Jim Drain is, in every sense of the title, a multi-media artist. But this term, which was invented with a diplomatic intent, has proved controversial. Artists everywhere are asking whether or not we should establish a boundary between art made for the computer screen and that made for the gallery. And this of course can initiate countless more conversations about art's ever-shifting substance.
For the past fourteen years, the Miami resident and RISD grad has been working with materials of varying tangibilty, from yarn to blinking pixels, and showing his work all over the world. Drain is working now on a comission for a new U.S. Embassy compound in Rabat, Morocco, for example.
When asked if he preferred to differentiate between processes in his more tactile work versus his digitally-produced art, such as his series of .GIFs, he responded: "In the project I was working on this summer at RISD, I worked closely with two sculpture grads and two interior architects. We were making a mock-up sculpture for the U.S. Embassy in Rabat through the Art In Embassies program. The sculpture grads used chipboard and glue to make models while the INTAR students worked on the models using a 3-D modeling program. I thought we would move faster on the computer, but it was the opposite; the computer became a better tool to clean up the models we had made in chipboard. Both were indispensable but worked better in relation to each other."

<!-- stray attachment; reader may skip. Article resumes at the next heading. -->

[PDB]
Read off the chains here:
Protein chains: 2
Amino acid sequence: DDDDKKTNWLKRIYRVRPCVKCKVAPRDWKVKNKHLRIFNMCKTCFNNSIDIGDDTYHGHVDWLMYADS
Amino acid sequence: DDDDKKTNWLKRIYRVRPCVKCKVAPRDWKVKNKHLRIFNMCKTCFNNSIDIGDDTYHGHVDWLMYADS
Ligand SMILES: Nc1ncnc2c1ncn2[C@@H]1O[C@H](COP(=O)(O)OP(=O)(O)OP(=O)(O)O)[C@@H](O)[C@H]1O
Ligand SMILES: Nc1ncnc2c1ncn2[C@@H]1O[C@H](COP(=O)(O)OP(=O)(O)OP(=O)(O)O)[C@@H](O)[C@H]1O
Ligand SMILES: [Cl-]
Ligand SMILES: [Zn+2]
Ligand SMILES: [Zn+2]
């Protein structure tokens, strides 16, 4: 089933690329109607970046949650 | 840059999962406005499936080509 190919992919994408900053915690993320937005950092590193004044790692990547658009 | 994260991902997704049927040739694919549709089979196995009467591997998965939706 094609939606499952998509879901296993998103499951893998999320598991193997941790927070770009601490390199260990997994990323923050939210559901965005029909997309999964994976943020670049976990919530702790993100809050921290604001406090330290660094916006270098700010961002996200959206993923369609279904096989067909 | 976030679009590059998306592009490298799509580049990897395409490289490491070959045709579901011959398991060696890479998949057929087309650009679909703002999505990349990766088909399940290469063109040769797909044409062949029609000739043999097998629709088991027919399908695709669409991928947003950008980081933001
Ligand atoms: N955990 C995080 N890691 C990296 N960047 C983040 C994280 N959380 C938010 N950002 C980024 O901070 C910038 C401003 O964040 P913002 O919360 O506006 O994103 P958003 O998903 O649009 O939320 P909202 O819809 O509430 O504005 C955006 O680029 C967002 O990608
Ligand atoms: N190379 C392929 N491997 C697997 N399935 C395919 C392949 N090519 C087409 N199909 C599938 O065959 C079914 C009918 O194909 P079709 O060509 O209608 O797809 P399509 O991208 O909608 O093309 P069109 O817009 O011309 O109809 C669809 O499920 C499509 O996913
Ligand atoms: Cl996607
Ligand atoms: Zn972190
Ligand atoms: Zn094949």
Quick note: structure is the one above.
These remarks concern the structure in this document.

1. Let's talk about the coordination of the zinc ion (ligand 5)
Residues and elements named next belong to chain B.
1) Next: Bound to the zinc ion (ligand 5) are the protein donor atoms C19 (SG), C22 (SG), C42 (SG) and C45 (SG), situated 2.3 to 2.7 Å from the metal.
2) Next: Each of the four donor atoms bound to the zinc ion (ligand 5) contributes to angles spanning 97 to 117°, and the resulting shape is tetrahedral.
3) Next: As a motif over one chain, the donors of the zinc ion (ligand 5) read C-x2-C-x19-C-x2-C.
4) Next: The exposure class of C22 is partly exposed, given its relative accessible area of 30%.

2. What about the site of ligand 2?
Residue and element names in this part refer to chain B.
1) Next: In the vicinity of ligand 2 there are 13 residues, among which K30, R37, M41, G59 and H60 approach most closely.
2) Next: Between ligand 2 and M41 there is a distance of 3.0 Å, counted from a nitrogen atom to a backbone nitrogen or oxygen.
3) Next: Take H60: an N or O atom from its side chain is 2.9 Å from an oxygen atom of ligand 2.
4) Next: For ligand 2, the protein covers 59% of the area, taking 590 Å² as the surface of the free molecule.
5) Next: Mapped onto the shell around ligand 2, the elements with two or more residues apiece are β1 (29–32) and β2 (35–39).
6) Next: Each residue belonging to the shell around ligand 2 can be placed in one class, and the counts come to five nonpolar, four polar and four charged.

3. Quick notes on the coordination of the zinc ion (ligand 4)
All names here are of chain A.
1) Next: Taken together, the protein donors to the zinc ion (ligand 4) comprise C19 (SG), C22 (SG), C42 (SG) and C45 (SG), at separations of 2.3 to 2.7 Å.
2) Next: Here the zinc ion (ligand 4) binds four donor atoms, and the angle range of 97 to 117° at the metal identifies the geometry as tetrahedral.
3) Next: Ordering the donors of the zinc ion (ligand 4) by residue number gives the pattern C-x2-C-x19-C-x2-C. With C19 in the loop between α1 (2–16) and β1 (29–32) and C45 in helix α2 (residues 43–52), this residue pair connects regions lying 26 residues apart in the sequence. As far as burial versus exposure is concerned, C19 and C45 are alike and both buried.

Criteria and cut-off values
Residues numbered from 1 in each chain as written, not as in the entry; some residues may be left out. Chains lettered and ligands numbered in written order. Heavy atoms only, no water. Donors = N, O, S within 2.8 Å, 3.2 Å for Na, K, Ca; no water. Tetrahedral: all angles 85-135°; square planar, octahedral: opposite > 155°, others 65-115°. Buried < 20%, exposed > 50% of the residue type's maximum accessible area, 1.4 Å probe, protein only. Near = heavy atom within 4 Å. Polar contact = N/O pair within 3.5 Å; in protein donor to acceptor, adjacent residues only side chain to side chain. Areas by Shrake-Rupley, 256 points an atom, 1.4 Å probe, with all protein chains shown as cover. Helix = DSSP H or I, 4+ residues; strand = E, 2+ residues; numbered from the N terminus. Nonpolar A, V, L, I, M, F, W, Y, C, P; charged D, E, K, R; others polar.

Drain Expressions is Drain's first solo show at the PRISM gallery in Los Angeles and currently on view there. Coinciding with this exhibition, Jim Drain will deliver a lecture at the Hammer Museum tomorrow, November 15, at 7.30pm. The exhibition, featuring elaborate woven compositions, deconstructed paintings, immersive wall patterns, wall-mounted sculptures and gently satirical promotional posters, will be open through January 5, 2013.